Director; Hun Jang. Starring; Kang-Ho Sang, Thomas Kretschmann, Hae-Jin You. Rated R. Color. 137 Minutes.
“A Taxi Driver” is one of those pictures you discover that changes your perspective on a world you know little about. This is why I love movies more than anything. Escapism is one thing, but no other art form can open ones eyes to the world both historically and currently like cinema. Enter “A Taxi Driver”, a brilliant South Korean film from director Hun Jang that has recently been added on Amazon Prime. This picture is funny, heartwarming, disturbing, heartbreaking, and ultimately inspiring. You will laugh, think, and cry while watching “A Taxi Driver” in all of the best and worst ways.
No question there was some resistance when this film was released, particularly in the smaller community of South Korea that is Gwangju. I cannot speak on what those people and victims went through during the 1979-80 uprising in Gwangju as the assassination of dictator Park Chung-Hee had the younger generation desperate for a democracy. That was not the case as Gen. Chun Doo-Hwan declared martial law over the city, not allowing any media coverage to be released with the city in chaos. Many journalists disappeared. It was the same thing all over again. “A Taxi Driver” addresses this conflict head on, and yet finds a way to tell a story of two unlikely friends caught in the middle.
Kang-ho Song (star of the Oscar winning “Parasite”) plays Kim Man-Seob, a widower cab driver down on his luck. He is 100,000 Won in debt to his landlord while also trying to raise his daughter alone. At the same time, Juergen Hinspeter (Thomas Kretschmann), a German journalist for the GBC, has heard of an uprising in South Korea. After flying to the country, Hinspeter is looking for a cab that will take him to Gwangju. Overhearing another cab driver bragging about taking some foreigner to the war torn city, Kim sees an opportunity. Pretending to be an English speaking fare, Kim lands the rider that could possibly earn him the money needed to keep his apartment for him and his daughter.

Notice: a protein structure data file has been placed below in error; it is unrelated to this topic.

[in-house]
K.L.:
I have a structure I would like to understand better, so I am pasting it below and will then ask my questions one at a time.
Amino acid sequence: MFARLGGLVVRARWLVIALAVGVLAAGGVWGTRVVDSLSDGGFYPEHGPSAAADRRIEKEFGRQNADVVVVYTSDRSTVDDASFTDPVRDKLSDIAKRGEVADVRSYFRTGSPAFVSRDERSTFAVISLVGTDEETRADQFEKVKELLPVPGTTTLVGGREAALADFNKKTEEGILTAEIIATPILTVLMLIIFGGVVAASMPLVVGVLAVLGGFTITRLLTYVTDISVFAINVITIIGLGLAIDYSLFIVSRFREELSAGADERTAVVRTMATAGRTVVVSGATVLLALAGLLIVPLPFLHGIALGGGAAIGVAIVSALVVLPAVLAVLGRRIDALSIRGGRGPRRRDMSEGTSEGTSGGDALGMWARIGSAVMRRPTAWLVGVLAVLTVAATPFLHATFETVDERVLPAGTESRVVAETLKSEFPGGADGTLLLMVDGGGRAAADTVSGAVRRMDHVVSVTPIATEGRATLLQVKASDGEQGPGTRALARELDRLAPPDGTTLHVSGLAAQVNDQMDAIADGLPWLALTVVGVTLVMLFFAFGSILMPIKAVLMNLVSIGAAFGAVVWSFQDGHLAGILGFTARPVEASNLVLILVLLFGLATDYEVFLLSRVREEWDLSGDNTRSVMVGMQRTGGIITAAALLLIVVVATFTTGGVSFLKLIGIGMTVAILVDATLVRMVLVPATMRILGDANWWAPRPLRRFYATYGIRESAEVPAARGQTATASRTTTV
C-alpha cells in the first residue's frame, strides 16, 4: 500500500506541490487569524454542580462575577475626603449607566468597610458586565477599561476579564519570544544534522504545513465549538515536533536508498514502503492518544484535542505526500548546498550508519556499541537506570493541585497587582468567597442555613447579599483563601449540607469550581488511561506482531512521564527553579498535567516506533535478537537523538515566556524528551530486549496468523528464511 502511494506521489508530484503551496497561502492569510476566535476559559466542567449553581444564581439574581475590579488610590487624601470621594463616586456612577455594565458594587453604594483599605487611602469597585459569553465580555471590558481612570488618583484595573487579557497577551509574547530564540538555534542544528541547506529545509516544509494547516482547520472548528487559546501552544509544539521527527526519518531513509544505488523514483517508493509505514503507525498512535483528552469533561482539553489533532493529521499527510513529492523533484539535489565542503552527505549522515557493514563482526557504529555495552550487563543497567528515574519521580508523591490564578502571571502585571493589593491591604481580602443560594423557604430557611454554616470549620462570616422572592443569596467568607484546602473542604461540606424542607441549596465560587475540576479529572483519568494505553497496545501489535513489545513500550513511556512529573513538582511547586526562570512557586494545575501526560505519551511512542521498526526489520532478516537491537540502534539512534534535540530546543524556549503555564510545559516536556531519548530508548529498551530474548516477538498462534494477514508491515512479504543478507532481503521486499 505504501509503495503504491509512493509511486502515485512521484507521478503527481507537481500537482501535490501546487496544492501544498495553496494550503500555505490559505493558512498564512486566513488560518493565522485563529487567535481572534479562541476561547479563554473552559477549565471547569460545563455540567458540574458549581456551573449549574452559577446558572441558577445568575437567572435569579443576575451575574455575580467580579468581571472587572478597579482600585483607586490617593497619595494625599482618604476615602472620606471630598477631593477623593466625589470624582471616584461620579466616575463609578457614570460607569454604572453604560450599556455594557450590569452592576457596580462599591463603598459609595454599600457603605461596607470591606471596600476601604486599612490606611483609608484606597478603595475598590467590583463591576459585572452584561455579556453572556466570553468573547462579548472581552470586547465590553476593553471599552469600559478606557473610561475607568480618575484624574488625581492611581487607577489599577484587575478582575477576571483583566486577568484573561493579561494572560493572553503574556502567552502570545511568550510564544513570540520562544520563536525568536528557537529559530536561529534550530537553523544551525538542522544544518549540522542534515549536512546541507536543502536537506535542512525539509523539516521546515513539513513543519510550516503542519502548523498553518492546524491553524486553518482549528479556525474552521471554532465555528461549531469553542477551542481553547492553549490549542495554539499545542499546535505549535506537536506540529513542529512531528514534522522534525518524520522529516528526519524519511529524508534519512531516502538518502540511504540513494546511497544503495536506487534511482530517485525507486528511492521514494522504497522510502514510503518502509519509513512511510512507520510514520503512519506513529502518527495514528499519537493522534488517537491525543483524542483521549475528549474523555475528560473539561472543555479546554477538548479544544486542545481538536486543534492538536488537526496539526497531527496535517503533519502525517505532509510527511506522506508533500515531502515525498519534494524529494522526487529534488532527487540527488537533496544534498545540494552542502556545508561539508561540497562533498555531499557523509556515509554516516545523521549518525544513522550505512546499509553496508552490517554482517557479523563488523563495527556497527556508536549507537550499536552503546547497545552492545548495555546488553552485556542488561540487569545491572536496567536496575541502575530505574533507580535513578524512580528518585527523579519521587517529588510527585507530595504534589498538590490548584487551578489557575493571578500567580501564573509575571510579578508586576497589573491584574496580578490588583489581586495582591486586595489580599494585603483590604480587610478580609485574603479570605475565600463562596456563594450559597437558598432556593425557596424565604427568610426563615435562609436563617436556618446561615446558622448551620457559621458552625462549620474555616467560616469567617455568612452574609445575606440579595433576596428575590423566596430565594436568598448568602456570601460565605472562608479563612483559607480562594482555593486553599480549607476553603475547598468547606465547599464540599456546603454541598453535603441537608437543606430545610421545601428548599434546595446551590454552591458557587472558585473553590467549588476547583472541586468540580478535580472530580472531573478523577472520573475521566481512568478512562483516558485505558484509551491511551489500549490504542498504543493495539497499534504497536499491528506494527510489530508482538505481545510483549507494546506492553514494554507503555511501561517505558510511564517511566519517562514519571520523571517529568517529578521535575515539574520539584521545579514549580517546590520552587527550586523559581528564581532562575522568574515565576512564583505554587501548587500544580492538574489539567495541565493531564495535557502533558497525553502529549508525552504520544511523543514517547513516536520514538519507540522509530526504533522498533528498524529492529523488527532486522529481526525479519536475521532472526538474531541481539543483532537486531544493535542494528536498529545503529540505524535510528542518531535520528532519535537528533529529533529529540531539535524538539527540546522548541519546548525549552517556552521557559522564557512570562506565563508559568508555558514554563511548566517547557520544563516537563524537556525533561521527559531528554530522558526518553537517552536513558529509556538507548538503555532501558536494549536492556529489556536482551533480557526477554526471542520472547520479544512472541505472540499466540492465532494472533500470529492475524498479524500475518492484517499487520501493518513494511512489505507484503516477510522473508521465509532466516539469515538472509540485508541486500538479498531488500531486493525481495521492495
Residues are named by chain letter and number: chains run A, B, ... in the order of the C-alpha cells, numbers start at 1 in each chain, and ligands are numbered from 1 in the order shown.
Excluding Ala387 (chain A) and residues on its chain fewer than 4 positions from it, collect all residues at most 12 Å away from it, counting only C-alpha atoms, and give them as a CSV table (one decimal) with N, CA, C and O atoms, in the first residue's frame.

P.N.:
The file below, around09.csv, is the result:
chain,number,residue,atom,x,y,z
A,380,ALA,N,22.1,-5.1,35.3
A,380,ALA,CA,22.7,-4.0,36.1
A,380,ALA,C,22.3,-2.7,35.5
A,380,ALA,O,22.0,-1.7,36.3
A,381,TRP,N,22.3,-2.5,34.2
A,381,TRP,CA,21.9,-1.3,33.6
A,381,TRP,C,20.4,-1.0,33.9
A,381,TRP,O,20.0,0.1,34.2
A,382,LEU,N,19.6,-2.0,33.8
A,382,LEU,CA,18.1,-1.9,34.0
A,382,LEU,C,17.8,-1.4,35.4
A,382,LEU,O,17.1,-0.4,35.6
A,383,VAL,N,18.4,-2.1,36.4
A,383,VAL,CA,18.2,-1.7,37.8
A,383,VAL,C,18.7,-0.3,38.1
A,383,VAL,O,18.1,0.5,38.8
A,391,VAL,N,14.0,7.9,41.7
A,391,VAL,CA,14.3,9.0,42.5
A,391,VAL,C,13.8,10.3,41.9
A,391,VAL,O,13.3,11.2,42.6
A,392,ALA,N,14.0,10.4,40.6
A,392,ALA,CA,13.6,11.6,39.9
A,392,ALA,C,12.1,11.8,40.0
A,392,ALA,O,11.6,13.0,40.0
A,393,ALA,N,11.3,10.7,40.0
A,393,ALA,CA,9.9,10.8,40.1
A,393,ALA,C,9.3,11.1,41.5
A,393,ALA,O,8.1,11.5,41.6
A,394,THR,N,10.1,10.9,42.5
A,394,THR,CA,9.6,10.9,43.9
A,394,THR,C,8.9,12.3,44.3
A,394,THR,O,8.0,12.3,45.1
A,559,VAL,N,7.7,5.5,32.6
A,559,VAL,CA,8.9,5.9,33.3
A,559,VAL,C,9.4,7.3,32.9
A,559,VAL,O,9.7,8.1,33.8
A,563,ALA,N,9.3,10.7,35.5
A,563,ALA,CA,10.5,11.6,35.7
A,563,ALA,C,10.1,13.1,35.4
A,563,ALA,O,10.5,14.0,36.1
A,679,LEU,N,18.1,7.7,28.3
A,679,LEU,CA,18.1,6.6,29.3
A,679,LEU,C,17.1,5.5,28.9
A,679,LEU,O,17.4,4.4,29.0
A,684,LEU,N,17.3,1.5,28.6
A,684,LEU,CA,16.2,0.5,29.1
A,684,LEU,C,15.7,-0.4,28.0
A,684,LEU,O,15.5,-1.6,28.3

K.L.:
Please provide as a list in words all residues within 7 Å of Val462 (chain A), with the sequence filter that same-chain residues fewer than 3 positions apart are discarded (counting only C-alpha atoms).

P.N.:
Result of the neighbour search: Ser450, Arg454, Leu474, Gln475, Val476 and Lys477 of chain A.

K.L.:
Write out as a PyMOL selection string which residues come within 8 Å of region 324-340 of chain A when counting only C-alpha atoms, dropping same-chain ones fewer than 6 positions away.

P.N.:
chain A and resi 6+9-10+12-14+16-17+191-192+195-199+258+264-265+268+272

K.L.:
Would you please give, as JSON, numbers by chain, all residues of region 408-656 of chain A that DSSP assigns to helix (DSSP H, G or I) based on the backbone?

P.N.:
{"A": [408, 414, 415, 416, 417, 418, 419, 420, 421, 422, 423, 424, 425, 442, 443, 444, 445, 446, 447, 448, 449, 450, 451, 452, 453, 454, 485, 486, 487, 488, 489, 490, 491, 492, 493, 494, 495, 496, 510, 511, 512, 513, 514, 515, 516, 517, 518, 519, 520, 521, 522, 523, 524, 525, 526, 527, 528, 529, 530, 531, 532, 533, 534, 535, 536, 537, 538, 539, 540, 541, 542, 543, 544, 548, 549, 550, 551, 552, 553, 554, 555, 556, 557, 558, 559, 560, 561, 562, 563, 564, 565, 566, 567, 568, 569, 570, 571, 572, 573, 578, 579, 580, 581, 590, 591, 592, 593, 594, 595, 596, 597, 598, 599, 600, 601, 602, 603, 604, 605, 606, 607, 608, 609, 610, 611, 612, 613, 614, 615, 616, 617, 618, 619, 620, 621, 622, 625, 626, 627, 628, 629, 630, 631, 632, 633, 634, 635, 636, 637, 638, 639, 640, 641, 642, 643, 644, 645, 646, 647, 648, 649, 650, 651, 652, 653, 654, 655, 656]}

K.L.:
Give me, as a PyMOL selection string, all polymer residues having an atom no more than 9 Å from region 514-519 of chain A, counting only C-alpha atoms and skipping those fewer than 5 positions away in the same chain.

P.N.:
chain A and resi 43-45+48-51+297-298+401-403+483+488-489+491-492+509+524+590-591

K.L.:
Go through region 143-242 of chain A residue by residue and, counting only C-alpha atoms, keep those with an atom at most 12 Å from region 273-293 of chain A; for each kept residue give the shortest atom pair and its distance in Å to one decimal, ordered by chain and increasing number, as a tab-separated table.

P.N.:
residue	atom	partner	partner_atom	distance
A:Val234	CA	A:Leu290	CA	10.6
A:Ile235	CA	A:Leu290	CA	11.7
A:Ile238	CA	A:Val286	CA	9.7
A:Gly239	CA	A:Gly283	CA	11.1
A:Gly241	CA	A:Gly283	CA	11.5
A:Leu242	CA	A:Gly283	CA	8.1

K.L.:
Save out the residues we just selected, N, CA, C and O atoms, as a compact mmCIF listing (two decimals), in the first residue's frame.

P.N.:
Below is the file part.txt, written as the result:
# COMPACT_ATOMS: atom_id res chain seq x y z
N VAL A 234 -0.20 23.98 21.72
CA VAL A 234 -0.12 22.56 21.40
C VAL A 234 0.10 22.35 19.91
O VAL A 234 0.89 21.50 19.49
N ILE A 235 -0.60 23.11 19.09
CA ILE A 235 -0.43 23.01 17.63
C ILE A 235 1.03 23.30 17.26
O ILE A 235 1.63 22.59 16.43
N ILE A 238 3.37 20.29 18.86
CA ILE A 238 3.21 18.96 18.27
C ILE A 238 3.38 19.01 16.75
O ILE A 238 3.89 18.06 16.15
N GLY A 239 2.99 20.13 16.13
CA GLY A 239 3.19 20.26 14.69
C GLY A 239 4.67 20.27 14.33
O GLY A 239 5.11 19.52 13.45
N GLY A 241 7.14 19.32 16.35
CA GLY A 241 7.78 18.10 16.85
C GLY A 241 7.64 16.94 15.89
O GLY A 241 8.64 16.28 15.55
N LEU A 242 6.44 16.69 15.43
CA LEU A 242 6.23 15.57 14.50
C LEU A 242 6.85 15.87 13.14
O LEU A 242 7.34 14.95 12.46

The trip from the big city begins as innocent banter between an annoyed “intellectual” being bothered by an “uneducated” driver trying to make small talk, all the while neither of them knows what the other is saying. Then comes the military blockades in front of every road going in or out of Gwangju. Together, the pair are able to talk their way through a second military blockade on a side highway, claiming Hinspeter is a businessman while also hiding his media camera.
Getting through is when the chaos begins. Kim, who loves to bring up his time driving in Saudi Arabia, has no clue just how bad things are in Gwangju. Hinspeter did not realize what he was being sent in to cover. From the start of filming, Hinspeter finds himself on the roof of a building to film rioters being beaten with a local journalist telling him to be careful.
Kim decides to turn around and leave, saying to hell with his fair after seeing this initial chaos on the streets. An old woman begging for a taxi to the hospital to find her presumed dead sons body on the side of the road turns Kim around, reuniting him with his German fare. The extreme sight of what is happening opens two people from two different worlds eyes to what is going on. At that point it is Kim’s mission to get the foreigner out of the city, and it is the Germans goal to keep filming, even if it includes watching an armed military squad mowing down innocent protestors like cattle.
“A Taxi Driver” is visceral. Finding a way to address an absolute tragedy of society in non-documentary form is complicated. This film finds the perfect way to dramatize this historical massacre by finding one tiny piece of the story which makes it human. Top to bottom, every element of this piece is top-notch from a filmmaking standpoint. More importantly, it tells a story the world needs to know happened. Exactly what a German journalist and poor taxi driver did.
Suck Factor: 0 out of 7 (7 Means Your Movie Really SUCKS!)
The SUCK FACTOR! How it works. We have flipped the script on the standard rating system. If you make a masterpiece like “The Godfather”, you receive a perfect 0 SUCKS! If you make total garbage, say any Michael Bay movie, you receive an abysmal 7 score, meaning your movie really SUCKS!